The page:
Colonial Williamsburg and a Rather Breezy Beach Party

Sun coming through leaves

Another glorious day dawned and we greeted the sun with great delight, as we would spend much of this day outdoors in Colonial Williamsburg. The weather really couldn’t have been more perfect to enjoy a leisurely walk around the museum’s premises.

As usual, our visit started with a film. Some of us probably thought that this would be more or less the same kind of didactic introduction. However, it turned out to be a very lively dramatization of the times leading up to the Declaration of Independence with a fictional politician as the protagonist. This approach made it a lot clearer how difficult it was for the individuals to establish their position against England, their native country.

After agreeing on the time for our early afternoon departure, everybody was at liberty to explore the museum at their own pace.

Church

Carola and I decided to see the quilts in the Abby Aldrich Rockefeller Folk Art Museum first. The exhibition which is titled “Material Witnesses: Quilts and Their Makers” will remain on display until April 2012 and is well worth seeing. There are 11 quilts on display.

Village Green

What I love about Colonial Williamsburg is that you immediately feel transplanted into the 18th century. At almost every corner, you meet museum personnel dressed in the appropriate fashions which for me as passionate Jane Austen fan is particularly rewarding.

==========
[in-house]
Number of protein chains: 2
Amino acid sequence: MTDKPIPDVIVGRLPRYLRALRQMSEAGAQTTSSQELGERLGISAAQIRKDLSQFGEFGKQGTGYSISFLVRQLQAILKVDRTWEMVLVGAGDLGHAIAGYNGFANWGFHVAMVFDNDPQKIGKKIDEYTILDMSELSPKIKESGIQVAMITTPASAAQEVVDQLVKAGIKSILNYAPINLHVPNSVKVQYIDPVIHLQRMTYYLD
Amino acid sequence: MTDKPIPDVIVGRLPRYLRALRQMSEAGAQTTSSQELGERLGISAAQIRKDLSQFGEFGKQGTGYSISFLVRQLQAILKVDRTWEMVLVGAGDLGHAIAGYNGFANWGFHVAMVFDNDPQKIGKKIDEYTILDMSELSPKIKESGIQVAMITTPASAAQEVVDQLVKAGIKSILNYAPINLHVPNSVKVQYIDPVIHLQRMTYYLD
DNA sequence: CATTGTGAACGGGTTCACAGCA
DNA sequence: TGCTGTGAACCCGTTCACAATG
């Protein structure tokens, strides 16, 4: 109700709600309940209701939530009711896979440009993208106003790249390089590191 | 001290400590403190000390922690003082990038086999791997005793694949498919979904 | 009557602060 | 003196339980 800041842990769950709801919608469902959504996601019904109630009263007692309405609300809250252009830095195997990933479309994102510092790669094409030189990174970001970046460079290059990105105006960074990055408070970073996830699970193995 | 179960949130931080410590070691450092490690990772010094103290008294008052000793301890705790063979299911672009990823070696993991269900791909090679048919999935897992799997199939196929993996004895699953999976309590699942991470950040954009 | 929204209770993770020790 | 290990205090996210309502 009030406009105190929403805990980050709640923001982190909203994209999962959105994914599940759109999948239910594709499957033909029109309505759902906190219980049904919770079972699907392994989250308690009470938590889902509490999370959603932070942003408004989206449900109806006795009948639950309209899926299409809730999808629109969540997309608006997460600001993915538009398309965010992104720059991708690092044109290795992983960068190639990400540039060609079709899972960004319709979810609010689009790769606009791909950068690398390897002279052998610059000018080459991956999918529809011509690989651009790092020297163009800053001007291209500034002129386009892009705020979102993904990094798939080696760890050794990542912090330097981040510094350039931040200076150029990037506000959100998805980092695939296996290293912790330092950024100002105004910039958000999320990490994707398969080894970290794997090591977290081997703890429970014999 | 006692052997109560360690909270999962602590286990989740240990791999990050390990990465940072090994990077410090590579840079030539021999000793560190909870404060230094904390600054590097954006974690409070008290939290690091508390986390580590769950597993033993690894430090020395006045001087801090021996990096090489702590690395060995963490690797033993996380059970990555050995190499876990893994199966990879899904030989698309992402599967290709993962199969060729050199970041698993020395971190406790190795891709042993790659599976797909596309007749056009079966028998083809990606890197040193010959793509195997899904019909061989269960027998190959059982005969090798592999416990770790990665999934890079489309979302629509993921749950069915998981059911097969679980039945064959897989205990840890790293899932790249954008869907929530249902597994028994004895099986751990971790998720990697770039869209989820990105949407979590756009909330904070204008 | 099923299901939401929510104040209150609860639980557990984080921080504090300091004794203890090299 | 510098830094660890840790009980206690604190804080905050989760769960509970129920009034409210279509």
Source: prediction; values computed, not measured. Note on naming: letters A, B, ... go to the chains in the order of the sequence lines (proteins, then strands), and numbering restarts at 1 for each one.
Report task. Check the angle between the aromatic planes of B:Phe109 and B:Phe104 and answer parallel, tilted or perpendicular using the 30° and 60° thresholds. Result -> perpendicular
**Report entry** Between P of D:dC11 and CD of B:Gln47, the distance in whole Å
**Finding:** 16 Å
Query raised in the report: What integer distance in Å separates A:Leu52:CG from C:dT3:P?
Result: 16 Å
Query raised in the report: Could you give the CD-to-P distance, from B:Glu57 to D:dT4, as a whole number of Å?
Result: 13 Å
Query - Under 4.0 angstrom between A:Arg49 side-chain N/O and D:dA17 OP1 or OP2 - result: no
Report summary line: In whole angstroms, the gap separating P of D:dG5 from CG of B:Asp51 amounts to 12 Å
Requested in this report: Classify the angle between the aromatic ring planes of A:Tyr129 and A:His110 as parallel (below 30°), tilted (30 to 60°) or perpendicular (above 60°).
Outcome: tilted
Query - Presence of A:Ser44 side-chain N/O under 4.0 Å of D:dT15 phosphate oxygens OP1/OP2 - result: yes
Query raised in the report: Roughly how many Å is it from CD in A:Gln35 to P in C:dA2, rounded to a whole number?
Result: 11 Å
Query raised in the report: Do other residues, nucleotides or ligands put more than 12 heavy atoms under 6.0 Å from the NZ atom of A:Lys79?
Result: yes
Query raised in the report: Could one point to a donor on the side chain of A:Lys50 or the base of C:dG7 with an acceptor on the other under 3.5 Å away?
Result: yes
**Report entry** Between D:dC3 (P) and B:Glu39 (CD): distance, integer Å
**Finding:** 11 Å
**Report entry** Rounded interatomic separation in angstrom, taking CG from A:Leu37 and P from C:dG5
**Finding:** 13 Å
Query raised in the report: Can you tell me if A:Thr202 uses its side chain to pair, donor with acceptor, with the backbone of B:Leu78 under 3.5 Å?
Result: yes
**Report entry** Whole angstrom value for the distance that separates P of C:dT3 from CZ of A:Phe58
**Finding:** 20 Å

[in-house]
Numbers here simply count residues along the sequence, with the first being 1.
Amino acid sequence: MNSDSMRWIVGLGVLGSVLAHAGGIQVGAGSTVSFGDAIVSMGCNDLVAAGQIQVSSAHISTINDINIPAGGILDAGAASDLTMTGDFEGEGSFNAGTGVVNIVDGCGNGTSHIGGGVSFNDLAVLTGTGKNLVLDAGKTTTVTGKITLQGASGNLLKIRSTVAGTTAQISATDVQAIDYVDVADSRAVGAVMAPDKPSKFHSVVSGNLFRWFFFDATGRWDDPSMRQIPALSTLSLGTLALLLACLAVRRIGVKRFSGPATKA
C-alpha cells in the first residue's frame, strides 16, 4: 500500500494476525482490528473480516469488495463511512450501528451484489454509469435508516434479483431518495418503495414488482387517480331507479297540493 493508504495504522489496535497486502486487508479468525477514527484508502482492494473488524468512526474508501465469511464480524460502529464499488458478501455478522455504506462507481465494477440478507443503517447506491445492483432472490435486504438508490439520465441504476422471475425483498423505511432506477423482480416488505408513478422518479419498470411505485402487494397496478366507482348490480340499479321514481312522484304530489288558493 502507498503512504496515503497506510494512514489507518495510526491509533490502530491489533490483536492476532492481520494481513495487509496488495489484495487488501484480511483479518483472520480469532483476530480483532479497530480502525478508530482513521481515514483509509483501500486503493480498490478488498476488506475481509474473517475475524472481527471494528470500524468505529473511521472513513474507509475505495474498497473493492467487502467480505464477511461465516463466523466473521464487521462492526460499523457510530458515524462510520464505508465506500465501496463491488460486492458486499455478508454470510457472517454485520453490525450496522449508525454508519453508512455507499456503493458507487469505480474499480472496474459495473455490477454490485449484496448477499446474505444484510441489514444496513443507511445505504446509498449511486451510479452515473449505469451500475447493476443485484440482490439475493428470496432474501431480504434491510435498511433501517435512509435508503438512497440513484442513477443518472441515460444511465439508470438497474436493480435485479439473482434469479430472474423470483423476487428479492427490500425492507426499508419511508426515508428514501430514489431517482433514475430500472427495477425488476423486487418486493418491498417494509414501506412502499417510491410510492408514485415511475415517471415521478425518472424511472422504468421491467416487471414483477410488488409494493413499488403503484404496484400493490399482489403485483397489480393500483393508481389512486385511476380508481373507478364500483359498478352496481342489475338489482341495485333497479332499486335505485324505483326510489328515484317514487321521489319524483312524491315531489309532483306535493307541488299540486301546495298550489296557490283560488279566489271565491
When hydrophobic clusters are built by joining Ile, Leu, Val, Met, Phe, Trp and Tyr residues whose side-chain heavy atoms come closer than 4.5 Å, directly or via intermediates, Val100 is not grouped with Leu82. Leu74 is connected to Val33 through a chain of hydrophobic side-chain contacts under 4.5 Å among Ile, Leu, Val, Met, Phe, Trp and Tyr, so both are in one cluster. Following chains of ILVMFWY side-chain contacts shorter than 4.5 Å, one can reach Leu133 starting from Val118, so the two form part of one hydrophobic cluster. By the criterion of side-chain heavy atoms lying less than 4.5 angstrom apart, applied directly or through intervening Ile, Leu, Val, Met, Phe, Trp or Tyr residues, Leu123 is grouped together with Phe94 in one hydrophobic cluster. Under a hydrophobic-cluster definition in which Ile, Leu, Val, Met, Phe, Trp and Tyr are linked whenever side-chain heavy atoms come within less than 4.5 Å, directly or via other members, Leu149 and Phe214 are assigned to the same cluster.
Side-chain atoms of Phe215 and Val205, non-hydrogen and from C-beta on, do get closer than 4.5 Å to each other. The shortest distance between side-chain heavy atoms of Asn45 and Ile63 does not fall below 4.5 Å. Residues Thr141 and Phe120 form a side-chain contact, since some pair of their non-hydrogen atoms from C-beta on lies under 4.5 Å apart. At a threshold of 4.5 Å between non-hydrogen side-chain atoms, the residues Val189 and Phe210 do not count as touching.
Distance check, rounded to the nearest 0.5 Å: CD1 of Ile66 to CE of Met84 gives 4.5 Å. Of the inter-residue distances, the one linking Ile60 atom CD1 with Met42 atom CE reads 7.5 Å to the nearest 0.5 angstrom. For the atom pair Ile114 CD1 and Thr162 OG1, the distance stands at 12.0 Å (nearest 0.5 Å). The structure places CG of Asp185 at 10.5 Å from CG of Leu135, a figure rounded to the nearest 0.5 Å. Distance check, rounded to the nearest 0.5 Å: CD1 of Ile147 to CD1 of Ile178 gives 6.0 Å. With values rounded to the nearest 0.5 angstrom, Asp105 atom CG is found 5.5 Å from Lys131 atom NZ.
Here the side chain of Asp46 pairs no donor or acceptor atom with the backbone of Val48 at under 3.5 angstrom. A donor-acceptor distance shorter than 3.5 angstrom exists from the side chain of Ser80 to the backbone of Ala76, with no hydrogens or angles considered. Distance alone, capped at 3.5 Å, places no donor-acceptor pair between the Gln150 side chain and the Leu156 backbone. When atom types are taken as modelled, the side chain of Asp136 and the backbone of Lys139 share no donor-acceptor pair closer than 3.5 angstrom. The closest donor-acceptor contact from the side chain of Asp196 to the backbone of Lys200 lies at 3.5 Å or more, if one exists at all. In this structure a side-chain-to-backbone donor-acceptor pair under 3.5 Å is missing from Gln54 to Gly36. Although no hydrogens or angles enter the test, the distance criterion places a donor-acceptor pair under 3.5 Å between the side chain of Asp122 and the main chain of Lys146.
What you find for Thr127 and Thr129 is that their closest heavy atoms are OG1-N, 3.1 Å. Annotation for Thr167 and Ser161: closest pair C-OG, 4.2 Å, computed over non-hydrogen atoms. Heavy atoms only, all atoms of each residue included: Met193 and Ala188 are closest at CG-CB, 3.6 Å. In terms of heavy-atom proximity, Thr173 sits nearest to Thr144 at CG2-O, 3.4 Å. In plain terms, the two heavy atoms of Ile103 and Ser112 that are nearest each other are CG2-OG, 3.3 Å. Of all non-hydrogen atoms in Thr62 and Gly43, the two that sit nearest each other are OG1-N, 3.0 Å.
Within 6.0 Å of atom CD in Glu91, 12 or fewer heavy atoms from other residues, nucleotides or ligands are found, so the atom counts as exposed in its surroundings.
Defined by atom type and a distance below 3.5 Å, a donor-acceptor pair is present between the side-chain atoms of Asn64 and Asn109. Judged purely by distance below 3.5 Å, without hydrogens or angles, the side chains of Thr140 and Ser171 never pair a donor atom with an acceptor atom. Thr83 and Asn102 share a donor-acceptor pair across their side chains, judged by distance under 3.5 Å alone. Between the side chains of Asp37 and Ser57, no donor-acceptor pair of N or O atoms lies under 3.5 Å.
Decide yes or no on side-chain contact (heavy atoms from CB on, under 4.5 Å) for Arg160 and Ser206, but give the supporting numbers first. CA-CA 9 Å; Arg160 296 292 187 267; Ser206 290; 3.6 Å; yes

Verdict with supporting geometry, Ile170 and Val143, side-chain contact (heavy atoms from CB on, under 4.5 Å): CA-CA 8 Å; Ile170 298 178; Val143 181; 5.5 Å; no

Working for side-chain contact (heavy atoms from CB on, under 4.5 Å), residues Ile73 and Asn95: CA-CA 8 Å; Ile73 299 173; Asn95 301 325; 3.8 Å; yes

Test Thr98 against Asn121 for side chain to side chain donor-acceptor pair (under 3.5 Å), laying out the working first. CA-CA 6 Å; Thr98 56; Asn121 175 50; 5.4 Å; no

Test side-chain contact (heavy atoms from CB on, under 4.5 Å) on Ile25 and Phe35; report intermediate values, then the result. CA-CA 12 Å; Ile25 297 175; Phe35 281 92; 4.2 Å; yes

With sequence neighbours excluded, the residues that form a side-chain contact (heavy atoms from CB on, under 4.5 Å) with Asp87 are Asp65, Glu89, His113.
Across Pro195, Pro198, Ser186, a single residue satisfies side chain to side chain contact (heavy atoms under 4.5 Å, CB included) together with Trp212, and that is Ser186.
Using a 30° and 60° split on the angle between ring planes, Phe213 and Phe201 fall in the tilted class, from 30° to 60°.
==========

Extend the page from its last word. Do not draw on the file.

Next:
So it is not surprising that I am always drawn to the milliner’s shop where I can indulge in daydreams about the Bennet girls’ ribbons and bonnets... ;-) Luckily, Carola who has known me for quite a while,is very indulgent regarding these whimsies of mine...

Milliner's Shop

You can even buy things at the Williamsburg milliner’s shop. I refrained from buying the very tempting patterns for clothing and bonnets (knowing that I will never make the time to sew an 18th century dress and being aware that I would look extremely ridiculous wearing such a bonnet ;-), but I did cave in when I found a piece of reproduction fabric in the style of French toile.

The by now very colourful trees were still very far from having lost their appeal and fascination:

Dresses

You could easily spend three whole days at Colonial Williamsburg, but at 3 pm we all gathered back at the parking lot. Paul, our bus driver, was already expecting us quite eagerly because he wanted to avoid the afternoon traffic back to Norfolk. It turned out that he was right in his predictions of a lengthy trip back...

Still, there was enough time left to pay an impromptu visit to a fabric shop in Norfolk. Although we hadn’t told the management in advance that we would come to deplete their inventory, everybody was very welcoming and friendly.

Misled by an uncharacteristically warm evening the night before, we had decided to have a little beach party and dinner picnic at the hotel’s beach after our return from the day’s cultural agenda. Despite the lovely sunshine throughout the day, the temperature had dropped considerably and after sunset, a beach party would really have been out of the question for rational and reasonable people. But who wants to be rational and reasonable all the time? So, a few courageous quilters made valiant attempts at keeping candles burning for more than 30 seconds in the bracing wind coming in from the Chesapeake Bay. We did our best to find a comfortable place to sit among dune grass and some very tiresome nettles. We really did have fun! However, it soon became evident that we would have to return to the comparable warmth of our hotel rooms after having eaten enough to keep up appearances...


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